So the Russian thing was typical, but I felt sort of overwhelmed by it. To me, there hadn't been a glimmer of this sort of thing going on, and just out of the blue, at least for me, came this assignment to go do this. The other thing about it that I hadn't really dealt with very much, or thought about very much, but I could also sense in some of the American NASA people who were not involved in it, that there was still a residual of distrust that carried over from their experiences one way or another, or lack of, with the Russians, but their point of view, I should say. They were, you know, objective to neutral about it. They were not overtly hostile towards the idea, but they weren't overly supportive, either, of it. They kind of stood their distance from it.

There was a small band of us who eventually went off and did this thing, a small band of us within NASA, but we were kind of on our own. We had fairly quick lines to the top of the agency through the Center director. But the rest of the Center didn't really participate with us very much. There was probably, gee, I don't know a hundred, two hundred people, until we added a lot of people in the Control Center for the flight. Probably of the people who were actively involved in it, two hundred is probably a high number for the people who were NASA people, who were actively involved at the Center. So it was a relatively small-scale operation of interacting with the Russians and helping manage the contractor to get the spacecraft and the docking module built the way we wanted. But the rest of the Center kind of kept its hands off.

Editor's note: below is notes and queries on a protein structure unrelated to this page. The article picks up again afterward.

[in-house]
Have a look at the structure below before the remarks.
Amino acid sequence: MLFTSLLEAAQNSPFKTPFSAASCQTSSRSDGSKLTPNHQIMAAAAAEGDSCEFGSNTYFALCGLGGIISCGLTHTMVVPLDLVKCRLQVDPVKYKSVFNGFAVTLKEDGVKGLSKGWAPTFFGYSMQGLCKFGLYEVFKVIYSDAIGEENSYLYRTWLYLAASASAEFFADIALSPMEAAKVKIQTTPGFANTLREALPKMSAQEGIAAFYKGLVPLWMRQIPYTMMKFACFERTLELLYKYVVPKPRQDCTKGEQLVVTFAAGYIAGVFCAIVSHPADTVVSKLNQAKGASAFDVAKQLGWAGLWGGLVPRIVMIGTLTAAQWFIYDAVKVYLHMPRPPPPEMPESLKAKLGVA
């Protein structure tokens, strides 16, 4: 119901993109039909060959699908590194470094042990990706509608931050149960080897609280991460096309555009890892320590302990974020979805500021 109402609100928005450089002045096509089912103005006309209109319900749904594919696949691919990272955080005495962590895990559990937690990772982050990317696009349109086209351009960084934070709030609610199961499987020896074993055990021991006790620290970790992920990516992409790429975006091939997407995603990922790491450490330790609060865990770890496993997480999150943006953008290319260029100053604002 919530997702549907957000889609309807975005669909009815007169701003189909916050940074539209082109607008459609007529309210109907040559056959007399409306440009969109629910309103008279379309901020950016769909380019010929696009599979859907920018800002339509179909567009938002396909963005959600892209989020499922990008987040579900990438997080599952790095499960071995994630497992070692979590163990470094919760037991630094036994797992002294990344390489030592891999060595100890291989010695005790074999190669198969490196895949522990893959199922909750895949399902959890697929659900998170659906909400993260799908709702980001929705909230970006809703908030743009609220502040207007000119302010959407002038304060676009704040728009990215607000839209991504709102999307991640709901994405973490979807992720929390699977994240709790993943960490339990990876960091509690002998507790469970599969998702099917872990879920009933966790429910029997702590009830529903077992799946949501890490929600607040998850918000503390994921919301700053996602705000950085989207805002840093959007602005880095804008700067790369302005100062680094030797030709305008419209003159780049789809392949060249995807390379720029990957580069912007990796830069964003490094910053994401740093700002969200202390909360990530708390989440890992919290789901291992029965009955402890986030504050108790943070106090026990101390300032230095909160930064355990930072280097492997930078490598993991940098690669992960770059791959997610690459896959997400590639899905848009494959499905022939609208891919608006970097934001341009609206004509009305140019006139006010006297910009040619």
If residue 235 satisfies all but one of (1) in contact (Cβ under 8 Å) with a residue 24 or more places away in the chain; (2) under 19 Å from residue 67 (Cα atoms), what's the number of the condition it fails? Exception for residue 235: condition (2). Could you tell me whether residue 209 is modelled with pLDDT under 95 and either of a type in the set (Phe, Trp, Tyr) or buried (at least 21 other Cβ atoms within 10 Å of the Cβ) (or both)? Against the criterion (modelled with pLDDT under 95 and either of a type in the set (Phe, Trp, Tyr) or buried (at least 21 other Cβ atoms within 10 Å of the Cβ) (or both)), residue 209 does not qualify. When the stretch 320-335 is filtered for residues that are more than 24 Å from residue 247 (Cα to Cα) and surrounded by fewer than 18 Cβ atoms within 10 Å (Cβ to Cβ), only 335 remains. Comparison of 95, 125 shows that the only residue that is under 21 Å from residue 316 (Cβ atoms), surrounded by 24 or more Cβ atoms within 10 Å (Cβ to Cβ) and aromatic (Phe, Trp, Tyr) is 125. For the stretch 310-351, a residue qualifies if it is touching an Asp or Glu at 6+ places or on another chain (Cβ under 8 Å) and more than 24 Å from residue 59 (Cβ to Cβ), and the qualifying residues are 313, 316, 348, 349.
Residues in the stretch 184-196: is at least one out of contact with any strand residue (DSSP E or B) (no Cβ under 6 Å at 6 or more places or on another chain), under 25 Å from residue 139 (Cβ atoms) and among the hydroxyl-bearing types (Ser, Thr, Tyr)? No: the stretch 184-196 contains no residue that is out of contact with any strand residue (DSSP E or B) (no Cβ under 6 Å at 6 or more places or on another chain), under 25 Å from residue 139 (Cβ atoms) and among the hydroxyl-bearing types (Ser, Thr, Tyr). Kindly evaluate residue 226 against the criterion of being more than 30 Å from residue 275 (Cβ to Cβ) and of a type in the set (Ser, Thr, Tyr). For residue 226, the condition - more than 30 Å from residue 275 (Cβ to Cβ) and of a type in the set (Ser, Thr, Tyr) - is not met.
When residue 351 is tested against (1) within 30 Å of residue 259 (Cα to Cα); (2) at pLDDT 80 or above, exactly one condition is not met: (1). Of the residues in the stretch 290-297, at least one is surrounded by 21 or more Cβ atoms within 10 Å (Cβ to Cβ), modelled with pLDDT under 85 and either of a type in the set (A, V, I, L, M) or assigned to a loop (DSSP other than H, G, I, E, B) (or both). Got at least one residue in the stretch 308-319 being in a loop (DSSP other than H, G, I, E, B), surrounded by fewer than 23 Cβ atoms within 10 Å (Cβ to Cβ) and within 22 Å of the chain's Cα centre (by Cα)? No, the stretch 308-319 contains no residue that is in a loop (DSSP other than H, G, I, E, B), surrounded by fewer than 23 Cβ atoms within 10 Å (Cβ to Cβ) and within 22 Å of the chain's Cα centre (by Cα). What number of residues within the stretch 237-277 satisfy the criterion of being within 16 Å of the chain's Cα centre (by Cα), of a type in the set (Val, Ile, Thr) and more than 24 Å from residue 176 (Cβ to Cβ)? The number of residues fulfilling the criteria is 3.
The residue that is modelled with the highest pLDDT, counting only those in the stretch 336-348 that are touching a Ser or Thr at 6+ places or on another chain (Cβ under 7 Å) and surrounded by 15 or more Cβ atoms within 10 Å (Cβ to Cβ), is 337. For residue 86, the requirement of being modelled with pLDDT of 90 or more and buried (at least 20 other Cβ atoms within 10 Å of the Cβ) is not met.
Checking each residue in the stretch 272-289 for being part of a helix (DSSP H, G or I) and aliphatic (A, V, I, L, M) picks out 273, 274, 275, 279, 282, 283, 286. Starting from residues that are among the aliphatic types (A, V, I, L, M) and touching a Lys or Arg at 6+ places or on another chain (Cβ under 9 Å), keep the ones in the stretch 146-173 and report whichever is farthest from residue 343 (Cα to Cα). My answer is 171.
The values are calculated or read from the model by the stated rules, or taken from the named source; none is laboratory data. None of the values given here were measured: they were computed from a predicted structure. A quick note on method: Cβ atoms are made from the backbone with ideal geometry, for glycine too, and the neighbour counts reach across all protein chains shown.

Some of that was probably what I said, some concern or not being quite being comfortable with the idea of the Russians, but some of it also was the recognition that if you're not involved in something, it's hard to mess around with it and make inputs to it or make suggestions, because you don't have a background of what's going on. Some people know that about what they're qualified, if that's the right word, what their backgrounded to participate in. In this case, it was all done in kind of, not that they were classified or anything, but that they were just meetings involving relatively small numbers of people. They were ongoing and fairly continuous and so on, so other people didn't have much chance to interact to it, although we would certainly bring out the design, for example, the design approach with the docking module that was conceived, and aired that with the people outside of the immediate cadre of people involved in the Russian interface to be sure that that sounded good and acceptable and right track kind of test. And we got support for all that from people as we went along.

So it was quite a time. It was quite a time for a young man, and I'll talk about this some more, to interact with a brand-new society that I had been taught was the enemy, and to interact in a way that we could—the other thing I learned about our interaction was this is a lot different than a cultural one. We saw some of those, by that I mean an exchange of operas or whatever. And those things end up being the one-night stands of sorts, it might be a week sometimes, but just sort of one-night stands and there is no—I guess maybe I'm not sensitive enough, but this is the only I can think, of substance that gets done in an interactive way. One group does one thing and one does another, and it's very nice and they have a lot of parties and backslapping and so on, but there's no ongoingness to it.